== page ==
Senior Research Fellow at the FIIA, Robert Nurick, analyzed the effects of the 2014 mid-term elections to the U.S. national security policy. He noted that the impact of elections is often interpreted wrong and predicting the future is difficult. He expects that Republican victory may bring forth tougher policies against Russia. Nature of the sanctions and conditions for loosening them, as well as supporting Ukraine with lethal aid continues to divide the Congress. Ukraine needs effectively functioning political system and sustainable economic basis, and rebuilding its military capacities will take time and resources. Lethal aid must be considered even the opponents of lethal aid claim for example, that lethal aid might end up into wrong hands, and it can bring about further escalation. However, Ukraine already has competent units and reasonable ground for equipment to prevent lethal aid getting into the wrong hands, and while lethal aid might further the escalation, Russia will find reasons to do that anyway if it wants. Congress has a considerable consensus in broad terms over Putin’s acts, and has leverage over foreign and national security issues because it controls the purse. Presidential veto might be costly to use as the Republicans will try to push presidential leadership issues before the 2016 Presidential elections.
In his comments, Mika Aaltola emphasized the external reality and unexpected events that constrain the national security policy. In addition, domestic realities sometimes limit the room for maneuver. The divisions do not only follow the party lines, but they can be found inside parties too. For example within the Republican Party, the neo-Reaganites would want to strengthen U.S. military and minimize the defence cuts, while the Tea Party members and libertarians would want to decrease U.S. engagement abroad. Aaltola also noted, that in spite of partisanship, Americans have had tendency to develop common sense.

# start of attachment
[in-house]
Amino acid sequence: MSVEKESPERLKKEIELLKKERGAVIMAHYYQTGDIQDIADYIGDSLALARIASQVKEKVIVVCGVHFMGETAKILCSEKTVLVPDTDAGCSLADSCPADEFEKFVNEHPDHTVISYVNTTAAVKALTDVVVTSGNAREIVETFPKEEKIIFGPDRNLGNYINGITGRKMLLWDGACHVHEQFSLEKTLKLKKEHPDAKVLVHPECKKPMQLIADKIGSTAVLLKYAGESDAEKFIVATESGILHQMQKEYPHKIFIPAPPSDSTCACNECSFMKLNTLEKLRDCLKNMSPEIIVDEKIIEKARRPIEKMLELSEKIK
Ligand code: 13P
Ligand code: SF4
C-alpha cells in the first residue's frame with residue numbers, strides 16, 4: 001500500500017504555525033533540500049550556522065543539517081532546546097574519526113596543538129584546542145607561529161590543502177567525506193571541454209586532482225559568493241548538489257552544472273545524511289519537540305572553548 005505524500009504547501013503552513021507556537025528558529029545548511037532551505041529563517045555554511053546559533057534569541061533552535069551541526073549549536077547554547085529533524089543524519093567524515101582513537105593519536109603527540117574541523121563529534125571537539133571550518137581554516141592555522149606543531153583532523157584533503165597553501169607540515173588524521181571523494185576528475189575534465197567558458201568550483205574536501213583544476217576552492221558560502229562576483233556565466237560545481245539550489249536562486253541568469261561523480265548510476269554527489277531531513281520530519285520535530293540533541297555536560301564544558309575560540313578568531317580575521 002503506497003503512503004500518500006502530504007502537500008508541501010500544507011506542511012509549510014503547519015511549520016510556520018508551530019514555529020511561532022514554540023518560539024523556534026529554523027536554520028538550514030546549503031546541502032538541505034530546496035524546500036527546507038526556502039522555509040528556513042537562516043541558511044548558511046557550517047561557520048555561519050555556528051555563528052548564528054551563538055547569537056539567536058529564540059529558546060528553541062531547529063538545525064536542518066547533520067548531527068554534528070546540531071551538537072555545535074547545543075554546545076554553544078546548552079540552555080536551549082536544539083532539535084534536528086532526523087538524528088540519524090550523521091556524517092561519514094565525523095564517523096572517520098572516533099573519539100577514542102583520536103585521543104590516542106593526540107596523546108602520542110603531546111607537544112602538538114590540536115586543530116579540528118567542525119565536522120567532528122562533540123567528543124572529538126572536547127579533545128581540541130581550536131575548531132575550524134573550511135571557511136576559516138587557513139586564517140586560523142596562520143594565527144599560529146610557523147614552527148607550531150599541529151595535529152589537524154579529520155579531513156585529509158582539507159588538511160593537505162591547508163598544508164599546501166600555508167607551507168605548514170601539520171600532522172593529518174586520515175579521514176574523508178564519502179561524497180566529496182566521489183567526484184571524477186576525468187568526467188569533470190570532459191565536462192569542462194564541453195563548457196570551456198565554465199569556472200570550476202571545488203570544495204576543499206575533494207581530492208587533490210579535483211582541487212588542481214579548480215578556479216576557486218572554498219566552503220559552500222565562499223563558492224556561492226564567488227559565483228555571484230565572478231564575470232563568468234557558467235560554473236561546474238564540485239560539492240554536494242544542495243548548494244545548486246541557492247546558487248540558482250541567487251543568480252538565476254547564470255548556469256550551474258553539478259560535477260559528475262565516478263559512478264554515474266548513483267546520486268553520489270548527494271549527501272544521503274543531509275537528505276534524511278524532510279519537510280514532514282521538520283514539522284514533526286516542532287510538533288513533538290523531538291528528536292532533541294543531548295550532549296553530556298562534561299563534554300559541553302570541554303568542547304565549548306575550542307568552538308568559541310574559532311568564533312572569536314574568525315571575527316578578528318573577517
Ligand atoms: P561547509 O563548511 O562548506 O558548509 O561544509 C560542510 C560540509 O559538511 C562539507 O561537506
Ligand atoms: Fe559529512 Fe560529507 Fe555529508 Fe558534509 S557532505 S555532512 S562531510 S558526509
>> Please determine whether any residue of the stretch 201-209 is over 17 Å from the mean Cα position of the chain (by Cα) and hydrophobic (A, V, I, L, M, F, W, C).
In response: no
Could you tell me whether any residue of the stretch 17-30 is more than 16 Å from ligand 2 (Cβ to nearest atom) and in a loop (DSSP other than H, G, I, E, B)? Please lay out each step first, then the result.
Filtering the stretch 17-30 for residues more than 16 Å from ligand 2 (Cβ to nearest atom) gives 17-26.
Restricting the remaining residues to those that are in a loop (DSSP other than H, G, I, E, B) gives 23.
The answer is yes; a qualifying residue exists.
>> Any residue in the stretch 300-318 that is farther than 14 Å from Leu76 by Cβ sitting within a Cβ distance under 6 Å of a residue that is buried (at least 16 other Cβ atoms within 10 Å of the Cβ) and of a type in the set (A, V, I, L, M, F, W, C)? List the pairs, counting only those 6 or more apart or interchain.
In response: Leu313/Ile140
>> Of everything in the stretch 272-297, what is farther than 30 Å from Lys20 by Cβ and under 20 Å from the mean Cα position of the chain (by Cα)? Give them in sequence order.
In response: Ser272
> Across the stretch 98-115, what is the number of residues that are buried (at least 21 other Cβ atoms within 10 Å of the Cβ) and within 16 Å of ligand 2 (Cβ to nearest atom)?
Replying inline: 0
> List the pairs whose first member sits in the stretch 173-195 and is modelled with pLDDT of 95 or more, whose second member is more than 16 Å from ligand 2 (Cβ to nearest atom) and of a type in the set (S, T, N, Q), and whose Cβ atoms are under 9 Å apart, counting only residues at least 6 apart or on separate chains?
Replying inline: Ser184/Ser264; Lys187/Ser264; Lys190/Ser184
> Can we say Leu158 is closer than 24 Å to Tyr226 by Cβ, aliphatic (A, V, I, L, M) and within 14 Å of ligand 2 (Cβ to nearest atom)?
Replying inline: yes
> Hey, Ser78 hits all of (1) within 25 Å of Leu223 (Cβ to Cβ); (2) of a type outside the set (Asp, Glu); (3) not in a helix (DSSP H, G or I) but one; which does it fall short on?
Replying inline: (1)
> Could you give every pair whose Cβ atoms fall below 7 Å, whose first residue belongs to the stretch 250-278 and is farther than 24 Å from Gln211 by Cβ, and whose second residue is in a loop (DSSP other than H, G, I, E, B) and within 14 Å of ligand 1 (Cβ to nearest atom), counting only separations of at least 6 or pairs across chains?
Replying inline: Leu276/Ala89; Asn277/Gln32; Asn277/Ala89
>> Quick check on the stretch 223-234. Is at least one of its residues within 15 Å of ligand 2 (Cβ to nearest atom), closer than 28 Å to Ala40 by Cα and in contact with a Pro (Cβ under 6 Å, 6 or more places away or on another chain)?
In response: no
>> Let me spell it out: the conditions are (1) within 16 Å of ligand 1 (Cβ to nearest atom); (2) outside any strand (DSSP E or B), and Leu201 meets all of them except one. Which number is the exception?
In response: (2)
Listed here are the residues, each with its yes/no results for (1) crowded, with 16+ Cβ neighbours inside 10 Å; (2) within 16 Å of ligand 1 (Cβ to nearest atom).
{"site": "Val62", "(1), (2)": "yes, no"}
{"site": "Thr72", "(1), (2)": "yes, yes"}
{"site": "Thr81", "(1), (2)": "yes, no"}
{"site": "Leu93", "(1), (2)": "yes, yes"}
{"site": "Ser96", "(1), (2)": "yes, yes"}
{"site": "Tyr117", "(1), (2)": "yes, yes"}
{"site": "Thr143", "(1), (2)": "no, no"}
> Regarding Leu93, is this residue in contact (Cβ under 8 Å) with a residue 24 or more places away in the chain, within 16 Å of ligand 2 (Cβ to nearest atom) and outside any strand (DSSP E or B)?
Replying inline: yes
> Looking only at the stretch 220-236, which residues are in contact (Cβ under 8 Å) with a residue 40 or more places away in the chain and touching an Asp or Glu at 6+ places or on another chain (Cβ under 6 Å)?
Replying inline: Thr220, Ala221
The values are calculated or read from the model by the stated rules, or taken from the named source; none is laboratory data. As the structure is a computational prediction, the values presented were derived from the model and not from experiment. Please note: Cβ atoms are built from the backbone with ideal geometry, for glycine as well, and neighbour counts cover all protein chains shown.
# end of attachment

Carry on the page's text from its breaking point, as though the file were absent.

The floor was opened for questions. The first question concerned limited capacities of U.S. Gordon noted that to be able to project the power, U.S. has to fix the problem with its spending. Nurick agreed on budget constraints, and emphasized the need for a fundamental change in the long run. Defence budgets have been high while the funding for foreign service and aid has decreased. However, the problems can only be solved with combining these measures. Other questions addressed the importance of network of alliances to U.S., the possible Republican candidate in the up-coming Presidential elections, and whether the recent change of the Secretary of Defence would change defence policies. Nurick emphasized the importance to enhance the capacities of allies in order to take more responsibility in their neighborhoods. No predictions were made about the Republican presidential candidate, and both agreed that no big changes were about to happen in the defence policy.